Whenever I walk into a new project, I immediately check for moulding. Is it there? Is it to my standard? Does it need to be ripped out immediately? There is nothing like cheap moulding to undermine an entire project. It doesn’t matter what you put in the home, how expensive it is etc if you have cheap moulding, your entire project suffers. Lipstick on a pig comes to mind.
For #MHDBrownstone we couldn’t cope with the 1980’s builder’s colonial moulding special that was put in. The previous owners had upgraded a few of the areas when they put in newer hardwood floors but unfortunately, they matched what was there to start with with a bit more height and crown moulding in a few areas. Anna who works with us, used to work for Alexandria Moulding so to say that she’s a WEE bit of a moulding snob would be a gigantic understatement. Of course we thought that we could rip out narrow ugly casing but soon discovered that said casing was part of the door jambs so it all has to come out.
The house itself feels contemporary so colonial moulding doesn’t work and it will never ever leave if we didn’t prioritize its removal from the start. Sometimes a renovation is a game of inches. I know that many projects get deferred when a client has to replace eaves, roofs, furnaces or windows. Those are always painful and ungratifying projects. I totally get it. Trim however, makes ALL the difference. It can transform.
I should also mention that we wanted to raise our doors to 90” but then we got a quote of $7000 to do this to a few doors and we couldn’t justify that cost. Anna and I put our heads together and we’ve opted for an “Over Door” We are going to extend the casing up to the ceiling and then instead of an architrave, we are going to apply a raised panel visually increasing the height of the door.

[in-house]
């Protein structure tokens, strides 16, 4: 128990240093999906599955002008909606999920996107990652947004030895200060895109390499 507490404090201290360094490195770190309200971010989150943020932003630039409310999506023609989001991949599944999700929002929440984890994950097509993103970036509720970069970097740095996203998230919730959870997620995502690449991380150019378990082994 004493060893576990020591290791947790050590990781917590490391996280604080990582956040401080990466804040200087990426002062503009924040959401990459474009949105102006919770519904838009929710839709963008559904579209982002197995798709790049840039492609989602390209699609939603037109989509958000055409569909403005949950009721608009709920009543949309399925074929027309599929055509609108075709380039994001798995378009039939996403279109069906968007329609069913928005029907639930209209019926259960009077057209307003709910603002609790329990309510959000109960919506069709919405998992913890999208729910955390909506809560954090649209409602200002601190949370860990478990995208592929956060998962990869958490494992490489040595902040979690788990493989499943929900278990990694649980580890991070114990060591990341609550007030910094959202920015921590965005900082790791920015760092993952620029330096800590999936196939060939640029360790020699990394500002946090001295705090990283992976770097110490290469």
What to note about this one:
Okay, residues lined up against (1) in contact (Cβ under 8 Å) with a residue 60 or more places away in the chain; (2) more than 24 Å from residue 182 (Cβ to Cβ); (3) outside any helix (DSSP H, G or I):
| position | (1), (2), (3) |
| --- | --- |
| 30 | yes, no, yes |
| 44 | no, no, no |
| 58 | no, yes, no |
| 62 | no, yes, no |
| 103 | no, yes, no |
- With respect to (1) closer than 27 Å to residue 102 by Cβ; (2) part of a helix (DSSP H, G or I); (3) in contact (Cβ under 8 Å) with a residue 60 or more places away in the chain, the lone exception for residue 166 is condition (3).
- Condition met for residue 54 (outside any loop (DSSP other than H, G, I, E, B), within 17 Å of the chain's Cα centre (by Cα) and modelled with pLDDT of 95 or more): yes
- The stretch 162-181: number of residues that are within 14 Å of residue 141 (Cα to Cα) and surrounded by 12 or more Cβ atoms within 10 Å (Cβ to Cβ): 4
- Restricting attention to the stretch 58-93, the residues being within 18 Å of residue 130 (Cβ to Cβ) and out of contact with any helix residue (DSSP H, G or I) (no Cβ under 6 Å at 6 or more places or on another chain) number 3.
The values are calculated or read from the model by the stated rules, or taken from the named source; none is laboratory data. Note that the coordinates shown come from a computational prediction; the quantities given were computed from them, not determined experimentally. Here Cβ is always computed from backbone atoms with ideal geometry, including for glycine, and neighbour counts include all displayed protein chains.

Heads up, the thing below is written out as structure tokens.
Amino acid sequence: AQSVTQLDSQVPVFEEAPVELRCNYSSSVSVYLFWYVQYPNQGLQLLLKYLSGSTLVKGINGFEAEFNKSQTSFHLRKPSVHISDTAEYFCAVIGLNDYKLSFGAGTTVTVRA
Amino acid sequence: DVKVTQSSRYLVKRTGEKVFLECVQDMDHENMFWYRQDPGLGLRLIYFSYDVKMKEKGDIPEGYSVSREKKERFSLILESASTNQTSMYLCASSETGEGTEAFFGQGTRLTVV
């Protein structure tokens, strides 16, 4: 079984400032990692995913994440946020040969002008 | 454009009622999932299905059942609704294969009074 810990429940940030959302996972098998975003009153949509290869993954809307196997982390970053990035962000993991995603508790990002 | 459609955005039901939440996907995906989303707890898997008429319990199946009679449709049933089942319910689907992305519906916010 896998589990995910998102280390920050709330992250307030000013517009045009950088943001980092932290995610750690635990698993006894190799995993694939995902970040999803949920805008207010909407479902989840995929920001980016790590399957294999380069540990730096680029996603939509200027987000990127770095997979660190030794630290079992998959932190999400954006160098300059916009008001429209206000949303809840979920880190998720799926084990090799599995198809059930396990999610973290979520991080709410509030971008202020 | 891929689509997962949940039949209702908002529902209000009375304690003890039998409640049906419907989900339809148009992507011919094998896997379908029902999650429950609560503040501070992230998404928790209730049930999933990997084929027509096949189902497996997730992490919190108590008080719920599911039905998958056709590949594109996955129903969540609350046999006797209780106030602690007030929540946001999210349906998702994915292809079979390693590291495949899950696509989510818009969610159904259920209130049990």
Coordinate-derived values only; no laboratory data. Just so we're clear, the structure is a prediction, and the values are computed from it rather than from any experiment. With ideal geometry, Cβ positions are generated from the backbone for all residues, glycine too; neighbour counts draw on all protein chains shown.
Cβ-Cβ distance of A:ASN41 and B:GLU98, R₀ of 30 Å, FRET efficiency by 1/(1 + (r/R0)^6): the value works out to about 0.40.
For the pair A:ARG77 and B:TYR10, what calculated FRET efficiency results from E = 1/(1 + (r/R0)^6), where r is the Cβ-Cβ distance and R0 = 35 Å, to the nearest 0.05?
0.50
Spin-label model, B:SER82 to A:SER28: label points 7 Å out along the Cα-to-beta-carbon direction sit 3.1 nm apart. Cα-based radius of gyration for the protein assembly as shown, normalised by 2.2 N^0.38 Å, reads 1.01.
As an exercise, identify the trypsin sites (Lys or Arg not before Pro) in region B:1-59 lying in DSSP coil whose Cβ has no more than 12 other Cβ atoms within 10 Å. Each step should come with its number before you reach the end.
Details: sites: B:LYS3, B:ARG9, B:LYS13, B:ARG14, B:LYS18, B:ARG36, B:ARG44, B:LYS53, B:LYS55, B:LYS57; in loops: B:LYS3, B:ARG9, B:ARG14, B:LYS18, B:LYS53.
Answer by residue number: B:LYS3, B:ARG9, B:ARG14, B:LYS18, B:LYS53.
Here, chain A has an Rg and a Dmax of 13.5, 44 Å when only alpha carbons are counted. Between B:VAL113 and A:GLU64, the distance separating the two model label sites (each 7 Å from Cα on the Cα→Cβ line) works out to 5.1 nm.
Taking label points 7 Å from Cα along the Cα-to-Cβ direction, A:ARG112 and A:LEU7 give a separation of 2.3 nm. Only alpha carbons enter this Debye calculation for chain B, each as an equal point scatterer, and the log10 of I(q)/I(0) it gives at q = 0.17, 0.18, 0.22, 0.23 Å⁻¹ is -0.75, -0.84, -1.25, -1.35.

This Over Door by Joseph Dirand is basically what we are looking to recreate. The circle just does it for me. Gah.
Both with the Brownstone and with our #StGeorge project we have doors that are in tight areas and therefore we had to get creative with casing. This bolection moulding from Steven Gambrel was our inspiration for both projects and we purchased it because the bolection gives a projection that narrow mouldings fail to provide in many instances. We don’t want a flat moulding to just lie there an underwhelm or reinforce the tight fits.
I knew that I didn’t want raised or recessed panelled doors for the same reason we chose the bolection. Too many stops and starts and definition would define the smaller areas - our one hallway off of the office area has a powder room, a linen closet with two doors and my office door plus two stairways. That’s a lot of up and downs, stops and starts, ins and outs in a tight space. Flat Slab Front doors were for sure what I was after and the king of my favourite doors is of course Jean Louis Deniot. We are doing Solid Core doors to help with sound control - side note the house is SO SO Quiet from the outside world. AMAZING. The high gloss lacquer is a must if you are going with this option.
We don’t have the same ceiling height as this foyer by JLD but it is serving as our inspiration. I’m just trying to decide if I want polished nickel hardware or the brass and black one I shared the other day. When I see this, I lean to polished nickel if I’m being perfectly honest. I’m open to your thoughts of course. Our doors will be a pale robin’s egg blue - smoked- in a super luxe gloss. This woke me up early the other morning as I realized that I couldn’t just leave the door that colour and paint the casing like the trim elsewhere in a white. If the idea is to make the doors feel taller I have to paint the casing and the over door out the same as the door. The opening photo - which is actually a shot taken by Nam Dang Mitchell that I grabbed to my inspiration file on instagram a few months ago was my original palette inspo for the doors but I think I need to revert back to a paler version of it like in JLD‘s foyer so that it’s a subtle watery gloss. If we are lacquering the doors I’ll use Farrow and Ball’s Light Blue as inspiration for the lacquer mixture and then use their modern eggshell (which has a lot of sheen) for the casing and the panel above the door but not as much gloss as the door. Make sense?
Now back to the hardware - thoughts?